One of our favorite duos, Oyler Wu, recently completed its biggest installation to date: The Cube, a twisting, glowing steel and wire concoction for the 2013 Beijing Biennale. The dramatic project is now touring China, but when pressed for the latest news the firm admitted that it is not sure where it is. So if you spot a giant cube somewhere in the country, please give them a ring, will you?
Last year we showcased Oyler Wu’s SCI-Arc graduation pavilion, a swooping steel, fabric, and rope construction that floated above the event like a billowing sail. For last week’s graduation the firm added a small addition while making significant improvements. The addition, which sat school directors and special guests, became a stage for diploma presentation. Made of a torqued steel shell fitted with twisting fabric (Wu calls it a three dimensional twist), the addition is no replication: it creates a simpler, more unified complement to the original, which involves a more complex web of fabric and roping. As for the original pavilion, they replaced its (disturbingly) dirty fabric with darker material and re-oriented the whole thing toward the school itself. Next year’s pavilion will be designed by Marcelo Spina. We can’t wait.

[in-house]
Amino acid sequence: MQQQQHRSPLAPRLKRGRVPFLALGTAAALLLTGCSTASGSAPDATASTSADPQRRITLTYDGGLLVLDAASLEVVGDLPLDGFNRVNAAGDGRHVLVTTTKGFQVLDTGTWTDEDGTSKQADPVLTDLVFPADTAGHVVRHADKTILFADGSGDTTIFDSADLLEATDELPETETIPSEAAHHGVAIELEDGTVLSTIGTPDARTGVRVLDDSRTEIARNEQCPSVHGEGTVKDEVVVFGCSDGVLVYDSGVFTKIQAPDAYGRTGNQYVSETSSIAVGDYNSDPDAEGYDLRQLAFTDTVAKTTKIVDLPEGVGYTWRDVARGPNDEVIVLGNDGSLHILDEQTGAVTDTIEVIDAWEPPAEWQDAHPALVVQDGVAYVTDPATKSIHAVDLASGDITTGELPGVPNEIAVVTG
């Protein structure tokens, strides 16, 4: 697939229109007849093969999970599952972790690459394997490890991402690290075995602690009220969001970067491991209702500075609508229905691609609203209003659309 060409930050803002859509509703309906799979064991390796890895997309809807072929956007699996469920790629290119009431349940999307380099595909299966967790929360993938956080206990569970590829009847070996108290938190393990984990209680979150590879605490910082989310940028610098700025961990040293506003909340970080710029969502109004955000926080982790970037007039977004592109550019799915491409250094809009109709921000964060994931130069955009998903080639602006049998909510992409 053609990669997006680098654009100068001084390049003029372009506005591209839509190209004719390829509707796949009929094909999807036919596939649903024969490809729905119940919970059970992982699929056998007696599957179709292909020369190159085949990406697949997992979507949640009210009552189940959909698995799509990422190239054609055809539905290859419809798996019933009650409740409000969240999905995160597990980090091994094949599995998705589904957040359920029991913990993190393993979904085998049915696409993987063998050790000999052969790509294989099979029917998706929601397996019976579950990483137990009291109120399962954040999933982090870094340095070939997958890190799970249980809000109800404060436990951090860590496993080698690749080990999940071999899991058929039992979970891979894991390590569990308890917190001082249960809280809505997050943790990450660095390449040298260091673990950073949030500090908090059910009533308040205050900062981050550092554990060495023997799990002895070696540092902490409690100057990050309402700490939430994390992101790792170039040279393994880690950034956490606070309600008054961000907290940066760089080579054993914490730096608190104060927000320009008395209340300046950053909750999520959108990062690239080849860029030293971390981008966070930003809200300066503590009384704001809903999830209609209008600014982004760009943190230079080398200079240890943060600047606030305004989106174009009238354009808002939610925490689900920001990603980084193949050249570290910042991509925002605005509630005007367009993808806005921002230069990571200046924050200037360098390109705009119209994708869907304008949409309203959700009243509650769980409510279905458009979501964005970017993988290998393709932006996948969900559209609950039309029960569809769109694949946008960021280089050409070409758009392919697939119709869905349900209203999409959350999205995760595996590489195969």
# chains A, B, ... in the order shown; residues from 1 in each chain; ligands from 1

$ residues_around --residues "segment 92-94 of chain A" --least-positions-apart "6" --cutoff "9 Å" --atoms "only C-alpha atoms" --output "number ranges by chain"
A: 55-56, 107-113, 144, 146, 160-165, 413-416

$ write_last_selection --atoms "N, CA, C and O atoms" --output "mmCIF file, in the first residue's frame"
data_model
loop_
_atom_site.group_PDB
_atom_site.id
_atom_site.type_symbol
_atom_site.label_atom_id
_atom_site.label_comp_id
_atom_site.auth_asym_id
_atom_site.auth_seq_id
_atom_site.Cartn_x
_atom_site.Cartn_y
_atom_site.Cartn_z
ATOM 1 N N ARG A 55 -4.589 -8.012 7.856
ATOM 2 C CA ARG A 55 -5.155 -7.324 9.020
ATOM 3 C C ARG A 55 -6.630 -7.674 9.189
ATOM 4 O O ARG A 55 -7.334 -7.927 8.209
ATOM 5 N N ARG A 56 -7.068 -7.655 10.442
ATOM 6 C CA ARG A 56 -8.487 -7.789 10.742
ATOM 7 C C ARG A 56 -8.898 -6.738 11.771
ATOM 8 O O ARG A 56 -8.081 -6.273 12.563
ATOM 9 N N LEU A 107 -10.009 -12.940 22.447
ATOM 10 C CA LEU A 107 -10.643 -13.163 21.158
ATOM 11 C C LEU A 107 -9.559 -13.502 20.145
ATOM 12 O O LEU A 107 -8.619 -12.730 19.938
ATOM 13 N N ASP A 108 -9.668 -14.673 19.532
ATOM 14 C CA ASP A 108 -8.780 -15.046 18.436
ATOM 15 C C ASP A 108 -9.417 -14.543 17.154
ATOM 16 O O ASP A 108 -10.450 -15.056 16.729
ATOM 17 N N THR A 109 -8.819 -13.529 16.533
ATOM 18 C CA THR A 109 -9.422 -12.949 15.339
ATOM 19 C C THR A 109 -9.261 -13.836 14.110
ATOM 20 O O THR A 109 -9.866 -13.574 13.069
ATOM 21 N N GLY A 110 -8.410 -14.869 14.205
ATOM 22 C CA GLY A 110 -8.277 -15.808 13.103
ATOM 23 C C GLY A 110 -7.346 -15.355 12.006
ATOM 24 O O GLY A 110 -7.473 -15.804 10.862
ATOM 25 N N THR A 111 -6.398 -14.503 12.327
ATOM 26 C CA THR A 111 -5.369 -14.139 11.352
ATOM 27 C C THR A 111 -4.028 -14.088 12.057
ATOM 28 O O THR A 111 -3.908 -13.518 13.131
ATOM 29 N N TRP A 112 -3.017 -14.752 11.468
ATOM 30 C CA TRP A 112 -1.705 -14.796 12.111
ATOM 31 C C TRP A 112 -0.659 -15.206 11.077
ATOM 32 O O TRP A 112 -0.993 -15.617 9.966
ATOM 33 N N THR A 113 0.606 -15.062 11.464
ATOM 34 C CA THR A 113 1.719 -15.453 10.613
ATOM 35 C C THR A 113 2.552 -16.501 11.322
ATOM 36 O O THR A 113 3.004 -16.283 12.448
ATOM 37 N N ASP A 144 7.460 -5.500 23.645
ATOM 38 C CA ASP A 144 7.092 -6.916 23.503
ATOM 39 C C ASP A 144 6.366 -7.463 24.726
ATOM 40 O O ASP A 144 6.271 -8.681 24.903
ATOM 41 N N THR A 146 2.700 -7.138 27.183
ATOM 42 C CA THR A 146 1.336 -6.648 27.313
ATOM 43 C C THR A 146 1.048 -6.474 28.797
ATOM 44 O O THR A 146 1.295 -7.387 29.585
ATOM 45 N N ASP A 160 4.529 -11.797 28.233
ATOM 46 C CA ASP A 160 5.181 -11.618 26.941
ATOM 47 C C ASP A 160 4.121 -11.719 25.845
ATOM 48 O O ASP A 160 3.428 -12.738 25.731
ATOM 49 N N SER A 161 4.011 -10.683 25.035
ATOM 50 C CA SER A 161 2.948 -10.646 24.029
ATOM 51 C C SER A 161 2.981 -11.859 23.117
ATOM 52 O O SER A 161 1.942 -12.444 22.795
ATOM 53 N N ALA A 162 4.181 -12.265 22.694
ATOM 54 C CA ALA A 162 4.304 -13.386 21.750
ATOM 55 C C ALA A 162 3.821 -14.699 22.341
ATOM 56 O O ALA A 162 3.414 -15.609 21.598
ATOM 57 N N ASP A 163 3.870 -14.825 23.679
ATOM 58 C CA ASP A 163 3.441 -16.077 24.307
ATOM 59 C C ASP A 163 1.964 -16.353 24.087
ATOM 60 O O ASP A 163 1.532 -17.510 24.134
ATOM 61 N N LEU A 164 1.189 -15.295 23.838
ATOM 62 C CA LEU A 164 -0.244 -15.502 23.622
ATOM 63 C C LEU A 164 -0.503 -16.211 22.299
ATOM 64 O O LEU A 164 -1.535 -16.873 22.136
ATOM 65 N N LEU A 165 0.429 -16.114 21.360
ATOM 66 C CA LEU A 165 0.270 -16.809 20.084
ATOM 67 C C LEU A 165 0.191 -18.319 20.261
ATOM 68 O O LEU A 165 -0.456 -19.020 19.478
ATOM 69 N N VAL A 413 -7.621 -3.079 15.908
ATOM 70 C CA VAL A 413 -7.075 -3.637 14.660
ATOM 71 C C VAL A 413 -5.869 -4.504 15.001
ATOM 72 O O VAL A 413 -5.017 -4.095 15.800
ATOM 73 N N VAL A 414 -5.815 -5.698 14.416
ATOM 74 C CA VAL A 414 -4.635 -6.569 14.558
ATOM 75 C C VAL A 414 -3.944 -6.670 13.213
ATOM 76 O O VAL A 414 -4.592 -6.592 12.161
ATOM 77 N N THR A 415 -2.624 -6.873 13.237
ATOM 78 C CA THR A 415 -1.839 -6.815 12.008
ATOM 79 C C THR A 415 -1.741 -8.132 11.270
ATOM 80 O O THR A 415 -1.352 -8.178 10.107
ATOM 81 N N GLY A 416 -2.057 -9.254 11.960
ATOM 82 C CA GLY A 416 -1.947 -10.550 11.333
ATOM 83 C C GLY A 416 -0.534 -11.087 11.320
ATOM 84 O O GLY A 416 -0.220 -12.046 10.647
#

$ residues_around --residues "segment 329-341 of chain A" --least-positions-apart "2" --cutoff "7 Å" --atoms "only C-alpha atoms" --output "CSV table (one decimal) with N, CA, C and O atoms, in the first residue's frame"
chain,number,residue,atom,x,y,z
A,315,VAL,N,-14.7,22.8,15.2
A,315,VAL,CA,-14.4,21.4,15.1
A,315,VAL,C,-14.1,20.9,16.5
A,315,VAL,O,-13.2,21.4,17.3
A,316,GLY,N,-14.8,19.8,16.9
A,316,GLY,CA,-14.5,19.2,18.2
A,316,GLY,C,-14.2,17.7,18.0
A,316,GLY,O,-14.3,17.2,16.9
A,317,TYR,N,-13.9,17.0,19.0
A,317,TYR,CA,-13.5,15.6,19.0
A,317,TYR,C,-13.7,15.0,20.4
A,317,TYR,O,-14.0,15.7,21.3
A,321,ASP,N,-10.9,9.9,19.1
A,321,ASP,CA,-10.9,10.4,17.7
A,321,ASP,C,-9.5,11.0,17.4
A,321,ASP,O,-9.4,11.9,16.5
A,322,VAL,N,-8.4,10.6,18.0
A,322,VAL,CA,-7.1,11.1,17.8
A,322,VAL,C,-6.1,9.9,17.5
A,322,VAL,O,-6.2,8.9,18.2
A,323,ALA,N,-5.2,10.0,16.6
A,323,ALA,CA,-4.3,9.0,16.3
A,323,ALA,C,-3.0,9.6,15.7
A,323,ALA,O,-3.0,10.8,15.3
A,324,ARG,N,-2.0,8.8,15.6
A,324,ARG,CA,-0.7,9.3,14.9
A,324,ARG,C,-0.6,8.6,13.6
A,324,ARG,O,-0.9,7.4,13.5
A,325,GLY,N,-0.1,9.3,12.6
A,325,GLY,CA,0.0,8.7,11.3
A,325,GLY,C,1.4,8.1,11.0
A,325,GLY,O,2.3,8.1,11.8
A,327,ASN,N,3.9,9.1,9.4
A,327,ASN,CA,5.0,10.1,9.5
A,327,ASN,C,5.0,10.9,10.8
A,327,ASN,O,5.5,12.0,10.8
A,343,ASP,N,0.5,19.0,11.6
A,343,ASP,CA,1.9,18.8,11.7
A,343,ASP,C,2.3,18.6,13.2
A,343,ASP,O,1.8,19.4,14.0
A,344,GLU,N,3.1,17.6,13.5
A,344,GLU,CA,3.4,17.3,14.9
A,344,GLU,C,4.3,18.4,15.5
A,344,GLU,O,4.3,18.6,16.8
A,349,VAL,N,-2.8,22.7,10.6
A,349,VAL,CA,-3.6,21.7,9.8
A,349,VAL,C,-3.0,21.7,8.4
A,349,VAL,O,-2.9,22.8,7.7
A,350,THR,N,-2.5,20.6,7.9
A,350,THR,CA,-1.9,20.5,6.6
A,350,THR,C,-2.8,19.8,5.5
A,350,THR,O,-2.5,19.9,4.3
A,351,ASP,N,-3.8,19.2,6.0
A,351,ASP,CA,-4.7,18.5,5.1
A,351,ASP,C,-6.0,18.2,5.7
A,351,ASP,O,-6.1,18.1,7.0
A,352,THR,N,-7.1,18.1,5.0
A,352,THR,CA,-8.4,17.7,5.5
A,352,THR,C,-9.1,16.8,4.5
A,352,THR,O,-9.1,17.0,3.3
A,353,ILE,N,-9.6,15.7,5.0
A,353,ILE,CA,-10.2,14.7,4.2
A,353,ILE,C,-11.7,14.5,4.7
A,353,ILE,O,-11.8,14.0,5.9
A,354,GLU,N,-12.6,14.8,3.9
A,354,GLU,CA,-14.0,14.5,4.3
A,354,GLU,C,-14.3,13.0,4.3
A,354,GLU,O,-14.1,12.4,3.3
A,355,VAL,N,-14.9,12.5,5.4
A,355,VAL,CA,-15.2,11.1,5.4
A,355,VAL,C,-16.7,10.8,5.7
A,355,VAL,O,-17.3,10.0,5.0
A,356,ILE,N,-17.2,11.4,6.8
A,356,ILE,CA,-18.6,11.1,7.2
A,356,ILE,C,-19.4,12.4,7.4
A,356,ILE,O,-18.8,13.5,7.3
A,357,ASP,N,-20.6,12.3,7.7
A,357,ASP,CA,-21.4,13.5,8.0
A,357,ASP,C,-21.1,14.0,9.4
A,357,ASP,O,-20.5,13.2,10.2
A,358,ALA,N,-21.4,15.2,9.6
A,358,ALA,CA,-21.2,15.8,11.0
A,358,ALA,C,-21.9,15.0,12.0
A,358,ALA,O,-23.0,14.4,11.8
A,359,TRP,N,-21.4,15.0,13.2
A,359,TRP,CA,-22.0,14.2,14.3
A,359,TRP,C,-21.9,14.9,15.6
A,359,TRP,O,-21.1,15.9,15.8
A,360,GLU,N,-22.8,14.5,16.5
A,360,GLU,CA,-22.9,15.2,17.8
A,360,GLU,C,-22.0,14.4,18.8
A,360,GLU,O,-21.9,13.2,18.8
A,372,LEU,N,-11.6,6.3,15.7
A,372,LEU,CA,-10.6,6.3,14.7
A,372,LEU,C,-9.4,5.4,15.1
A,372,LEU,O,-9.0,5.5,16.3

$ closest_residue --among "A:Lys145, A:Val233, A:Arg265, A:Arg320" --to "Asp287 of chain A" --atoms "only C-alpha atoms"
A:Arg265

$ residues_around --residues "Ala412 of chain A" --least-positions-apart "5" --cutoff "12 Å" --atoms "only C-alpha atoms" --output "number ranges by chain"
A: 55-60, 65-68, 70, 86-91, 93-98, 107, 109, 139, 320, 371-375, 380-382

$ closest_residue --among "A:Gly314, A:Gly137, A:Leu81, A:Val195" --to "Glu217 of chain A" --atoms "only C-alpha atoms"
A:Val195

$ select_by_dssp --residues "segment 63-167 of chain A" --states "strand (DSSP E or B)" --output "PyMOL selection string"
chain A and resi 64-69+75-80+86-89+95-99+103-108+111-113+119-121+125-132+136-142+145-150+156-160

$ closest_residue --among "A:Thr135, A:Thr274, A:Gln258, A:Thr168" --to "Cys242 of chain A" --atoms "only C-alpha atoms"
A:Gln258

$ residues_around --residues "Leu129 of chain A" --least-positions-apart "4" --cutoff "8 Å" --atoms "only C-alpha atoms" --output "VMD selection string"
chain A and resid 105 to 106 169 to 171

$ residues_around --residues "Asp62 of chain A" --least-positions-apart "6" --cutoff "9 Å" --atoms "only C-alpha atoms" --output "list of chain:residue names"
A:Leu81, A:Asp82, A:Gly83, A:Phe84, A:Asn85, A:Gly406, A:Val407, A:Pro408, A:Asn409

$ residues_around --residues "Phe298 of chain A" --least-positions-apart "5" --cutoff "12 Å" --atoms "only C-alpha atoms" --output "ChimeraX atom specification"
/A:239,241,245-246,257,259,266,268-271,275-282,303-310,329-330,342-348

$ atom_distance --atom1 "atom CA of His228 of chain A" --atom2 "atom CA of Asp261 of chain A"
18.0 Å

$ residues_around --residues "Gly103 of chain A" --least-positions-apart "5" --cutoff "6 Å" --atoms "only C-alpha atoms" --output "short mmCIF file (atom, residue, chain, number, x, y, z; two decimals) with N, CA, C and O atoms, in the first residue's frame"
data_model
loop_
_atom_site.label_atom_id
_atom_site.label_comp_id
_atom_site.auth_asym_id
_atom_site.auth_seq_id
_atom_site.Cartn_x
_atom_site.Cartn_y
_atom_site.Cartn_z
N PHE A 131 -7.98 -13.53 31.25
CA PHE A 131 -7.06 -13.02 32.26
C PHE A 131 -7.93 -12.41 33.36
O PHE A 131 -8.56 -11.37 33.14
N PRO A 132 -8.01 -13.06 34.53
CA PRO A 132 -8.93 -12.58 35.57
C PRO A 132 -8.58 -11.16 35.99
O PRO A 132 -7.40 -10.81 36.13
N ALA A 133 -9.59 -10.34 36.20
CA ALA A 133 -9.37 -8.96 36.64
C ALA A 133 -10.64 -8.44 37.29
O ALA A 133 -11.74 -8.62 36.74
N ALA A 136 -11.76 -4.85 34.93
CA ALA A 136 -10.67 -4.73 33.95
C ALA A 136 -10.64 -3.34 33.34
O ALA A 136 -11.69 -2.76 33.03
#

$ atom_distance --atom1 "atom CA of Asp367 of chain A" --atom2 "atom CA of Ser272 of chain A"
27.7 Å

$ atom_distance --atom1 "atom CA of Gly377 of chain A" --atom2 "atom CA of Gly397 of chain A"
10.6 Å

Our friends at Oyler Wu are putting the finishing touches on their collaboration with artist Michael Kalish that brings a pixelated face of Muhammad Ali to L.A. Live’s plaza in Downtown Los Angeles. The sculpture, reALIze, which has its official unveiling tomorrow night, consists of a large frame of hundreds of aluminum tubes on which 1,300 speed bags are hung via steel cables. From most angles it looks like a bit of a jumble, but from straight on, the composition of light and dark bags indeed forms an impressive likeness of the champ.
Even though we already knew who had won ahead of time, we couldn’t help getting excited about AIA/LA’s ARCH IS__ awards, crowning “two exceptional young architects” at SCI-Arc on Monday night. The winners: Oyler Wu Collaborative and Tom Wiscombe/ Emergent. Both are pushing the envelope in terms of design, materials, engineering, and program, and are even starting to (slowly) build things. Read More